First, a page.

Let’s break it down right now. The majority of non-steroid injecting trainees who’ve built respectable physiques have done so with the following, undisputable parameters:

  1. They train every major muscle group three times each week.
  2. They keep intensity levels sufficient without overindulgence.
  3. They choose a training volume that can be maintained along with the stressors of life.
  4. They execute compound, multi-joint exercises that have been shown to produce the most hypertrophy.
  5. They keep each training session as brief as possible.
  6. They allow at least 48 hours of recovery between workouts.

I’ve worked with trainees at every imaginable level of the fitness spectrum, and the aforementioned elements are ubiquitous in their most successful hypertrophy programs. So I often wonder why they ever strayed. Why stop doing what’s working?

Usually their reasoning is based along the following statement that I recently heard from a veteran of the iron game: “Hell,” he said, “I don’t know why I ever stopped doing it. I just assumed there was a better way.” Well buddy, I’m here to tell ya, there ain’t no better way!

I’ve written numerous training programs for T-Nation, and they all work. But, oftentimes, trainees don’t seek what I seek. They want to look good nekkid, period. Not only that, but they don’t give a rat’s ass what strength qualities they’re training. All they care about is the most efficient and effective route to the physique they’ve only seen in pictures.

It’s time for a change. I want each and every one of you to see that physique in the mirror, not just in magazines. But as I said, we must also learn from the failures of past programs. Burnout and training injuries were often a “given” in old-school, total-body programs. The reason for this indiscretion is simple: poor planning.

Therefore, this article is based on the successes of the past along with my own successes as a trainer. I’ve learned to properly plan my clients’ programs so results are steadfast and continuous.

Every single time I hit the gym, I perform a total-body workout with most of the following guidelines. I doubt that will ever change. In fact, that’s how I added almost 100 pounds of muscle to my frame. I don’t know why I ever wandered, so I’m here to keep you from running astray.

The Obstacles

The single biggest mistake trainees have made in their quest for the ultimate physique is in periodization parameters. Simply speaking, they keep executing the same damn parameters in hopes of the body not “catching on” to what they’re doing. Big mistake, my friends. Our bodies are designed for one sole purpose: adaptation. If you forget that, then you can forget about ever creating the physique of a Greek God.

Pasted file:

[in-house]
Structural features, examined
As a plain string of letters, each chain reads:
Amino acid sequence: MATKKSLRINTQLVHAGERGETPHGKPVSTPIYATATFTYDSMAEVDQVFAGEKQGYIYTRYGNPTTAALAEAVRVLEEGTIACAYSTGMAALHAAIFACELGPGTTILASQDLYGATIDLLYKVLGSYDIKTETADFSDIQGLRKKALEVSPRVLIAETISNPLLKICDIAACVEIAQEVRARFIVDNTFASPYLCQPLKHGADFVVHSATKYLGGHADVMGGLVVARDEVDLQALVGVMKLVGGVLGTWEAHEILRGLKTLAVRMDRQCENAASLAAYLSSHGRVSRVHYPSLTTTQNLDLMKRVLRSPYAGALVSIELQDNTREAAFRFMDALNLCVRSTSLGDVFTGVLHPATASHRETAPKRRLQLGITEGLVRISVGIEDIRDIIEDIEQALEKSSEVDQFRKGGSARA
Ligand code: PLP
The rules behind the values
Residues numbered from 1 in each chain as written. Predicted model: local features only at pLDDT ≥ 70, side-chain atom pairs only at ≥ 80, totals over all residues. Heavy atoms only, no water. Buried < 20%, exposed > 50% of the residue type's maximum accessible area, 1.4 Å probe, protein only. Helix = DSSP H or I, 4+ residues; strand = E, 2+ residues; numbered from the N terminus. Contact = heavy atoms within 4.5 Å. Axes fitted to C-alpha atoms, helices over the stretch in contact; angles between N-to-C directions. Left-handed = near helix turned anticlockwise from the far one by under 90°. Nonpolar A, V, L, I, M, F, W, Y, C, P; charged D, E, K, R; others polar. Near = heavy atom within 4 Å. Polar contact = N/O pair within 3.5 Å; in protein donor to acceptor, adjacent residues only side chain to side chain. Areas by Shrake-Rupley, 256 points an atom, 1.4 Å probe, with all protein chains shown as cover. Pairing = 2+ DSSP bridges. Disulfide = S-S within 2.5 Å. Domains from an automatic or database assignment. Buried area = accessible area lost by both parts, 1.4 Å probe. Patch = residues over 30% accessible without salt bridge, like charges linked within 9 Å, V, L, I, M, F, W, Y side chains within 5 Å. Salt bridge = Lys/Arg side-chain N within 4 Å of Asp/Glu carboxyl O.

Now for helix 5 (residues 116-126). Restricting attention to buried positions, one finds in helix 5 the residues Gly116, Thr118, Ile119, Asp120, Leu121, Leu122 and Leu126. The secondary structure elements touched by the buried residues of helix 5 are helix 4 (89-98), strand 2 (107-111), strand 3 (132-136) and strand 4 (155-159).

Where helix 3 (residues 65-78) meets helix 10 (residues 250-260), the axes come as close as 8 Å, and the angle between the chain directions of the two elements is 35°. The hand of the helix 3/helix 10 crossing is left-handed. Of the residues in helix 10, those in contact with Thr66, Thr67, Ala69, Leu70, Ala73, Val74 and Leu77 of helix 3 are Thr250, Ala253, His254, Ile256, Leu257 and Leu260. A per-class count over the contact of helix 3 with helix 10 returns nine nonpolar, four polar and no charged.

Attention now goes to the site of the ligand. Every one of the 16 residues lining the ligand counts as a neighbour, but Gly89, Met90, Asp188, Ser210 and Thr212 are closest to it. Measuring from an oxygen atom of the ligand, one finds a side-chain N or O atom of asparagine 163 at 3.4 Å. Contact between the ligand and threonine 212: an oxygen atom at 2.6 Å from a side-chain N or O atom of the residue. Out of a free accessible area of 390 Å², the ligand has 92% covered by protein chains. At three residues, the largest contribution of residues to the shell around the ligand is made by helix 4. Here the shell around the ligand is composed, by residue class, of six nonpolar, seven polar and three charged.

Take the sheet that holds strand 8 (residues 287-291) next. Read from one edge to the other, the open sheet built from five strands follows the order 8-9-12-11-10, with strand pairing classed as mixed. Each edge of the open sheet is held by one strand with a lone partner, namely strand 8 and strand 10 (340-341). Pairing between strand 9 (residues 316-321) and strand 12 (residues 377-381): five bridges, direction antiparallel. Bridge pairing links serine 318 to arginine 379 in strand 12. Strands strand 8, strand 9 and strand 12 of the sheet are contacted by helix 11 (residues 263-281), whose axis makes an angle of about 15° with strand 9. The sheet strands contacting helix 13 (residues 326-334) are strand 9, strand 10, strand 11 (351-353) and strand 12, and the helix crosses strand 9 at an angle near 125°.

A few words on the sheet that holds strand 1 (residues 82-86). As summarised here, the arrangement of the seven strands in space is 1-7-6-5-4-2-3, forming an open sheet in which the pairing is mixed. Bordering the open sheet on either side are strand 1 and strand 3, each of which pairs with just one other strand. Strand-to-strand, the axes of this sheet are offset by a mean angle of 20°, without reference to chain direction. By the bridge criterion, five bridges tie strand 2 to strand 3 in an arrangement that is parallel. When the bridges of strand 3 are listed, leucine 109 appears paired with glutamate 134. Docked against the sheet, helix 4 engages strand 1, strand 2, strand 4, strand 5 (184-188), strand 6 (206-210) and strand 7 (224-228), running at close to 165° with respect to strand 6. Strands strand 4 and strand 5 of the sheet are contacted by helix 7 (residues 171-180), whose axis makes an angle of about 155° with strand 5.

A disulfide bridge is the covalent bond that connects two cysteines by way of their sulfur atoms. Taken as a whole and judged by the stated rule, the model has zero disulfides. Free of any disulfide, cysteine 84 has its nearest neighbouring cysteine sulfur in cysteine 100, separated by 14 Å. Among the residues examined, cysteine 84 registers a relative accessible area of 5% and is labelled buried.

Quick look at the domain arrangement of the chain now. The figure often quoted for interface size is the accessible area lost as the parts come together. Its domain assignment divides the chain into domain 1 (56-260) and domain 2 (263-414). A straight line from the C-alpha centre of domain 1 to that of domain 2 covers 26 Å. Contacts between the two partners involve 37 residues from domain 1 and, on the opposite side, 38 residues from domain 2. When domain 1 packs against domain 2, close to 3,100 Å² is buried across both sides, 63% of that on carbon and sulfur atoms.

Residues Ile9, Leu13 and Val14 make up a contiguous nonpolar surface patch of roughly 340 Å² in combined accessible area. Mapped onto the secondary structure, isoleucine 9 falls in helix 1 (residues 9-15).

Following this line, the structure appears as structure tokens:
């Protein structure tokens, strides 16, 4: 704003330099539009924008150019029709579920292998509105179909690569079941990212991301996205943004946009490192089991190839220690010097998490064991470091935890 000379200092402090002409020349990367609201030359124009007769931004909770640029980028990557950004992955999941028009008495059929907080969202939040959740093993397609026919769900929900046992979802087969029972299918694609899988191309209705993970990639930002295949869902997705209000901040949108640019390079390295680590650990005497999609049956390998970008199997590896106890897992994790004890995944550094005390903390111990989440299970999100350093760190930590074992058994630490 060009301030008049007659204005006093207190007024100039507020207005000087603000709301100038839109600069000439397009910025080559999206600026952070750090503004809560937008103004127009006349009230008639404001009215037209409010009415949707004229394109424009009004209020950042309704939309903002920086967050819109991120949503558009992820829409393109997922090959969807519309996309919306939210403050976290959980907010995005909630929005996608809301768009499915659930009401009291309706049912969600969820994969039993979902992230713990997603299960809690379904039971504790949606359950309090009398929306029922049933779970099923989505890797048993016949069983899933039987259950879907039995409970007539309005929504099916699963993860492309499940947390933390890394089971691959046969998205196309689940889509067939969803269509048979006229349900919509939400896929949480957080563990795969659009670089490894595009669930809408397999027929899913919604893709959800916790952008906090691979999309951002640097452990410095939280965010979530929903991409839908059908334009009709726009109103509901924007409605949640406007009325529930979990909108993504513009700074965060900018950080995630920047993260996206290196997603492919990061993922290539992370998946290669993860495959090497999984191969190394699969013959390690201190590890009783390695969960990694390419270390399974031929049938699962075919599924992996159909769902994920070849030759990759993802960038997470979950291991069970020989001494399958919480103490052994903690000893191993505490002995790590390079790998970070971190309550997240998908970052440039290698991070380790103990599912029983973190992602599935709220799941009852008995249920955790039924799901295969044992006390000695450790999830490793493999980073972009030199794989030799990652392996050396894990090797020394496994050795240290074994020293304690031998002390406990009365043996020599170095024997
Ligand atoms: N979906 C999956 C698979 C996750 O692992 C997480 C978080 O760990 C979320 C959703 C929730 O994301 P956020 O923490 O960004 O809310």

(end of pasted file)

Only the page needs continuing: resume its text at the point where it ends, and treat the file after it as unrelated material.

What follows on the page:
Bill Starr came damn close to pulling off one of the best training programs with his classic text, The Strongest Shall Survive. His initial parameters were excellent. Unfortunately, his program wasn’t willing to adapt, so progress on his “Big Three” program came to a screeching halt for most trainees. You can’t endlessly perform the same exercises with the same parameters and keep experiencing results!

A New Generation is Born

Now the dichotomy arises. We must incorporate the variables that withstood the test of time along with a new plan for continued progress. It’s time to take the past, present and future and blend it into a new hybrid plan!

The How

Exercises per Session: 6
Sets per Muscle Group: 2-4
Reps per Exercise: 15-18

Rest between sets for the same muscle group: 60-120 seconds, and 120-240 seconds (antagonist training)

The Why

The first thing you probably notice with the above parameters is variance. This is the key to your consistent hypertrophy success. A lack of variance is the single biggest reason why trainees aren’t still talking about the continuous progress they received from some of the most popular hypertrophy programs. Without consistent change, results will be anything but consistent.

Exercise Selection

Every session is going to consist of six exercises. Why? Because my empirical evidence has shown that natural trainees can consistently maintain six exercises per session without burning out.

It’s imperative to base your exercise selection around compound, multi-joint exercises. Four out of the six exercises for each session must be compound exercises. Six sissy-assed, single-joint isolation exercises ain’t gonna do the trick. But, you can perform a few of my recommended single-joint exercises for two of the six exercises. Here’s the list you must choose from:

Compound Exercises

  • Chest: Incline, flat, decline barbell or dumbbell bench presses. Wide-grip dips.
  • Back: Upright or horizontal rows. Pull-ups or pulldowns with pronated, semi-supinated, and supinated grips.
  • Deltoids: Standing or seated military presses with a barbell or dumbbells utilizing pronated, semi-supinated or supinated hand positions.
  • Quads: High-bar full barbell squats, hack squats or front squats.
  • Lower Back/Hips: Traditional and/or sumo-style deadlifts or Good Mornings. Power cleans or snatches.

Single-Joint Exercises

  • Biceps: Barbell curls, hammer curls or preacher curls.
  • Triceps: Lying barbell or dumbbell triceps extensions, and pronated or supinated grip pressdowns.
  • Deltoids: Front, side or rear dumbbell raises.
  • Hamstrings: Glute-ham raises or leg curls.
  • Calves: Standing, seated or donkey calf raises.

Stick to the above list of exercises for optimal results.